Total for the Season 10.05 oz

The garden is teeming with life and the signs of harvests to come!

If you want to see what others are harvesting or share in your own bounty, stop by Daphne's Dandelions the home of Harvest Monday.

Sunday, June 5, 2011

Chive Blossoms

We harvested more chives this week, specifically those with open blossoms. I wanted to make a small batch of chive blossom vinegar. Unfortunately my choice of jar was small, and the chive blossoms were a little cramped:
It would have been better if this plan wasn't spur of the moment, all we had on hand was distilled white vinegar and cider. I went with the cider option producing an interesting mix of colors:
The remaining chive blossoms that come from the garden will find their way into various salads.
Do you eat your chive blossoms or use them for anything??

Wednesday, June 1, 2011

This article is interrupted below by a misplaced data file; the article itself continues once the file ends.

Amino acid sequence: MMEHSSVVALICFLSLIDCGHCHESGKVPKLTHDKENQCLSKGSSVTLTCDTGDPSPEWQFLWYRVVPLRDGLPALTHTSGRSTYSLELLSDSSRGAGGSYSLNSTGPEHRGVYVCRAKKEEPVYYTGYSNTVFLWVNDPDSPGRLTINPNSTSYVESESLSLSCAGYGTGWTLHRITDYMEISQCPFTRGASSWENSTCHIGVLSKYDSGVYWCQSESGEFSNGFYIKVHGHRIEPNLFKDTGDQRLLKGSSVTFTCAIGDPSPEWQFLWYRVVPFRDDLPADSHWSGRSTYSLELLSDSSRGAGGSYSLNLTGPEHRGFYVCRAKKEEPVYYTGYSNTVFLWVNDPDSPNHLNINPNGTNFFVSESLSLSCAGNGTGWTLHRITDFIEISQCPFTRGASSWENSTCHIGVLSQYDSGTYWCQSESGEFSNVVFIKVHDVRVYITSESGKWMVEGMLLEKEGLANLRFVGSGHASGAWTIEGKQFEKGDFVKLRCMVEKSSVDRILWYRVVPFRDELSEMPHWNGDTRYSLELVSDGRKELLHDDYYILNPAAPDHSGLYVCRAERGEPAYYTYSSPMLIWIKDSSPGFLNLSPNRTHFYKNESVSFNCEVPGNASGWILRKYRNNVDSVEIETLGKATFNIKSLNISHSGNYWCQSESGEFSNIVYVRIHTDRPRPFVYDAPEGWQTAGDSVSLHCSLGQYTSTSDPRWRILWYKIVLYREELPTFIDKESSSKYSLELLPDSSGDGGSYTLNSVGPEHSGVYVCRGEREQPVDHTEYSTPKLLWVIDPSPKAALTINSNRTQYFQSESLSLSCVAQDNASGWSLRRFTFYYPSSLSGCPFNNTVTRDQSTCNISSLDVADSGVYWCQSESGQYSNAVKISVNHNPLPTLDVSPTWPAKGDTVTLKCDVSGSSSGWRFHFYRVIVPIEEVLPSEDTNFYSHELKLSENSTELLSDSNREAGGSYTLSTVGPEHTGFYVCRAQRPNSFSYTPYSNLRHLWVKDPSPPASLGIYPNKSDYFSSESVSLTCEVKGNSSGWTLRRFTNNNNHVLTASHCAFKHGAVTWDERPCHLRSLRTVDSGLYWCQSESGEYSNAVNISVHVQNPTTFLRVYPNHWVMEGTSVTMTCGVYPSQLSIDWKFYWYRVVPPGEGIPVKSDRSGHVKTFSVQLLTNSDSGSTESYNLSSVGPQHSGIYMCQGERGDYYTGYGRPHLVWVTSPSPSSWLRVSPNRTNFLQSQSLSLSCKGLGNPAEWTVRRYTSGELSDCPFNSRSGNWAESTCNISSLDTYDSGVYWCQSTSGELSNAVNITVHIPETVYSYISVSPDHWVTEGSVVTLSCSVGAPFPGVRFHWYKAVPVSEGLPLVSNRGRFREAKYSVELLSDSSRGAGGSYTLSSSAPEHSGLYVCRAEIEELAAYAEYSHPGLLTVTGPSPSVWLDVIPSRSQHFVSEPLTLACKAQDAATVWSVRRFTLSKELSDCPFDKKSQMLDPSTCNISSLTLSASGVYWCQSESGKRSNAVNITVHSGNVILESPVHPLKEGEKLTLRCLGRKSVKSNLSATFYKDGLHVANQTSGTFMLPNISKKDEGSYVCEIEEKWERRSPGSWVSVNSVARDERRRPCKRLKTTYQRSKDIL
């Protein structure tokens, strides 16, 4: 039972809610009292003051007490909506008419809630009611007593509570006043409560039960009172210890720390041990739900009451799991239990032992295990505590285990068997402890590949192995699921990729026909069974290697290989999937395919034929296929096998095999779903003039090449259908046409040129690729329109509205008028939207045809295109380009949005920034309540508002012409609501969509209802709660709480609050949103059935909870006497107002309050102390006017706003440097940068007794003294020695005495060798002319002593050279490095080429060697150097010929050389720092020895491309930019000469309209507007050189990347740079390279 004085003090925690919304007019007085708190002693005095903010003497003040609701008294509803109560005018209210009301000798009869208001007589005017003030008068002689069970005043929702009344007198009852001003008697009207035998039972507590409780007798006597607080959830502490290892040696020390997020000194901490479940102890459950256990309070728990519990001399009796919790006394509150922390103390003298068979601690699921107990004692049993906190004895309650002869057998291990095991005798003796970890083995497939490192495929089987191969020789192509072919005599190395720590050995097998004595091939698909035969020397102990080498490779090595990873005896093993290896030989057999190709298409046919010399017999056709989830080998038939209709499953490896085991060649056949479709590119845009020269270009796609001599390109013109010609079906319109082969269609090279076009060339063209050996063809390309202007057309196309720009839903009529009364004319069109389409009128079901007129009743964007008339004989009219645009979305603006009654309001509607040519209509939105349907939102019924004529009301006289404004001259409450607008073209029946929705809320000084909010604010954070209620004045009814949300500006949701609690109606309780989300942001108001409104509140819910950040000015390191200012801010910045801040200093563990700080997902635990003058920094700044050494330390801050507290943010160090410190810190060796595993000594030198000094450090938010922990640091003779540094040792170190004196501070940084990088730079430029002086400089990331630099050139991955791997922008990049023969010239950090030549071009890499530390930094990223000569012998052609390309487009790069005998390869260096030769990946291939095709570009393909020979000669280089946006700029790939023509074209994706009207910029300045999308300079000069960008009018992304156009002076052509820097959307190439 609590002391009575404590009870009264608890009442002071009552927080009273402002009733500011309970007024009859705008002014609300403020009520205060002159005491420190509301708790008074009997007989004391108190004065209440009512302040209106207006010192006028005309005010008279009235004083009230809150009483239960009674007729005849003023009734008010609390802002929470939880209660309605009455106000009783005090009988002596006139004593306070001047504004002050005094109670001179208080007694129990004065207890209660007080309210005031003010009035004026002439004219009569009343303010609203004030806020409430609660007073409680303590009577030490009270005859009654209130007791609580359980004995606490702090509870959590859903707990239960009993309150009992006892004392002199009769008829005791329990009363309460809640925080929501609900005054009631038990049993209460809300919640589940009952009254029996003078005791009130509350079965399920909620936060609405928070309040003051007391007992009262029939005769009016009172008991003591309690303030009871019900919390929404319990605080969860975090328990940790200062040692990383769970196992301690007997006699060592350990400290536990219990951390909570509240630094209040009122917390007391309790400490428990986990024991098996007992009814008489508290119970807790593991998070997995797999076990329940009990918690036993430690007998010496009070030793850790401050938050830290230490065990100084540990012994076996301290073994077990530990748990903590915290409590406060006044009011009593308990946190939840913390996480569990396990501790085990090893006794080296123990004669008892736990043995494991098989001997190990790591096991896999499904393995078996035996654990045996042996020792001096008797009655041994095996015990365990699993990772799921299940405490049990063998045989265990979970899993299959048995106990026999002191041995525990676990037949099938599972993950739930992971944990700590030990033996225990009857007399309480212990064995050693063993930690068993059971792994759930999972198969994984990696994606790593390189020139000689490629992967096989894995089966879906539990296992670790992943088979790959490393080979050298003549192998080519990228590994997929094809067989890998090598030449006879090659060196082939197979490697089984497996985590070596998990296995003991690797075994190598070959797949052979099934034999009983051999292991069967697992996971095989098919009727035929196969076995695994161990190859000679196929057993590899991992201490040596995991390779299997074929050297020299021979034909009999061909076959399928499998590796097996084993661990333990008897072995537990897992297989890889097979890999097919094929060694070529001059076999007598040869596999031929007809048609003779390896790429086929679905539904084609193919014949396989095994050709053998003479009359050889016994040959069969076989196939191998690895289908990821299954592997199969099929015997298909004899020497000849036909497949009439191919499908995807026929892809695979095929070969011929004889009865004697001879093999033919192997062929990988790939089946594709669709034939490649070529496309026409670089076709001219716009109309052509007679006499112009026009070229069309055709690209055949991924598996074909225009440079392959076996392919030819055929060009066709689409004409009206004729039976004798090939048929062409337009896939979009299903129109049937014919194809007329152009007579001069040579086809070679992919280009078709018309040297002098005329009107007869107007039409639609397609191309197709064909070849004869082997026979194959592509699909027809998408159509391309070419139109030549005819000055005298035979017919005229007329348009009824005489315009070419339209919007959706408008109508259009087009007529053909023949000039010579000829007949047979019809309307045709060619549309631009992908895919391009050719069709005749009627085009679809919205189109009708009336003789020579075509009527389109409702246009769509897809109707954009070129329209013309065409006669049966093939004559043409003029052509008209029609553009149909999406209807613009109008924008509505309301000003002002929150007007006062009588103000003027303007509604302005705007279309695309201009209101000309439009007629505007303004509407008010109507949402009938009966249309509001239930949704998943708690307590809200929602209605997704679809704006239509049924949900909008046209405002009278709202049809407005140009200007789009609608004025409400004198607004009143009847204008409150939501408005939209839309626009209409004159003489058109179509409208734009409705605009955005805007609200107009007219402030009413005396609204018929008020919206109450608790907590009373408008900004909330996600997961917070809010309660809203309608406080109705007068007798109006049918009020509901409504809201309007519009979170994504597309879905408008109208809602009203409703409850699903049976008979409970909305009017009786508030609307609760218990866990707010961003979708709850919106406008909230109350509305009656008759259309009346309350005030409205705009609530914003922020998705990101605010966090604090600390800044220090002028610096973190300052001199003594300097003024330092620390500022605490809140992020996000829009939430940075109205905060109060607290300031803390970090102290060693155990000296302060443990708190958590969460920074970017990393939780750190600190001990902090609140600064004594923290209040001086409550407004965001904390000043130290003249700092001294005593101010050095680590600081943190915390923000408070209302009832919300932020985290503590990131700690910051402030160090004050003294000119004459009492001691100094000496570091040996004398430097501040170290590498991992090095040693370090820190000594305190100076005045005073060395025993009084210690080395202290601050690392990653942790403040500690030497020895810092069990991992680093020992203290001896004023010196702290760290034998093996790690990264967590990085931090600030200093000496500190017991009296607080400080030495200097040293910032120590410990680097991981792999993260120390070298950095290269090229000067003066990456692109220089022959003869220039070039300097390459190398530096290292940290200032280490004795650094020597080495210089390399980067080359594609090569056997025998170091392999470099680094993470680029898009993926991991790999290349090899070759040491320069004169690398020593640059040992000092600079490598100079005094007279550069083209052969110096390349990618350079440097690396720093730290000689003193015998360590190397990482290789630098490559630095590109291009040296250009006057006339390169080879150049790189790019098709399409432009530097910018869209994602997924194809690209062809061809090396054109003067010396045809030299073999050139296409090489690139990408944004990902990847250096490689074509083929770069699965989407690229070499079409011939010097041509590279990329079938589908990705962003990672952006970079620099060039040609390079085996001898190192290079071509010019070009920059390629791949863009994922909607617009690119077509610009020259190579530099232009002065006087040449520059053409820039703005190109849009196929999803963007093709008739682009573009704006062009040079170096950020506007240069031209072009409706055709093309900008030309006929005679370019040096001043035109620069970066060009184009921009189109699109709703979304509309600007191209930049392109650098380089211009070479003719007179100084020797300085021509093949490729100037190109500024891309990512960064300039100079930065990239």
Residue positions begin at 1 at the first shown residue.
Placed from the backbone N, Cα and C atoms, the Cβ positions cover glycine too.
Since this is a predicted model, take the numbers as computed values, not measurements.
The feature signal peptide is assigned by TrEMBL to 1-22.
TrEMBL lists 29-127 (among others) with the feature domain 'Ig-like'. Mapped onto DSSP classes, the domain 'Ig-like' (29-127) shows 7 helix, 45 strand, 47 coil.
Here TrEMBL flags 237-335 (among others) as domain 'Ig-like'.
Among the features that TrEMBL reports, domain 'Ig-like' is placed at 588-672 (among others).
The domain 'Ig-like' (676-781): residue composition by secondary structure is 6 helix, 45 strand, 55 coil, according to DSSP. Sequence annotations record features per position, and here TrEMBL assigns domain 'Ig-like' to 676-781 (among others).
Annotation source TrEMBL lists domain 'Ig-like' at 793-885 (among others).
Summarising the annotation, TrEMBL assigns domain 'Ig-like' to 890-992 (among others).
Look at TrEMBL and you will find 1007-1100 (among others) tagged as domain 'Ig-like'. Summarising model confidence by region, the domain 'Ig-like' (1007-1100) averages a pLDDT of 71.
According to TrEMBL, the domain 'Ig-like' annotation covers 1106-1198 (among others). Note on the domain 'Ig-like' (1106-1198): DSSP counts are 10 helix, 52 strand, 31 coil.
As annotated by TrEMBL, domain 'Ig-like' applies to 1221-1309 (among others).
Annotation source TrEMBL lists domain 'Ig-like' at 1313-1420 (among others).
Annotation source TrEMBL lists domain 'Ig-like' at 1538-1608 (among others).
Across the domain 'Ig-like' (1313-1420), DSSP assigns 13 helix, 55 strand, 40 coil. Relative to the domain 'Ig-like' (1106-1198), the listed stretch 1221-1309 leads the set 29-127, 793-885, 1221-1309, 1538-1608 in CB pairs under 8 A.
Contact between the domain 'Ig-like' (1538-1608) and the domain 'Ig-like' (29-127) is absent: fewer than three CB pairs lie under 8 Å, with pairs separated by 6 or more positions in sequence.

What to do with 5 gallons of Raw Milk?/Our Cheese Making Begins!

With all the raw milk we picked up from Farmer X, Gail and I formulated a cheese making plan. We would attempt to make Queso Blanco, 30-Minute Mozzarella, Fromage Blanc, Whole Milk Ricotta, and maybe even some butter!
Below I am going to share the recipe for the Queso Blanco. For the rest of the cheeses I'm providing some pictures and commentary, but no recipes. I encourage anybody who is interested in beginning cheese making to visit Ricki Carroll's website where there are some great recipes, tips, books, DVDs , and all the rennet, cultures and supplies you will need to get started. A tip for beginners: The website sells a few different kits for basic cheese making and are a great starting point for beginners!
We decided to start with one of the most basic cheeses: Queso Blanco
The recipe is pretty simple:
1/2 gallon of milk
1/4 cup of vinegar
Butter Muslin
Heat milk to 185 F (stirring constantly to avoid scorching). When the temperature reaches 185 F slowly stir in the vinegar and raise the temperature to 200 F. As you raise it you will see the milk begin coagulating. At 200 F the milk should be completely curdled and you will be able to easily see the curds & whey separating. Pour the curds into a colander lined with butter muslin. and the butter muslin filled with curds for a few hours until it stops dripping. When it's done dripping cut the curds into cubes or slices.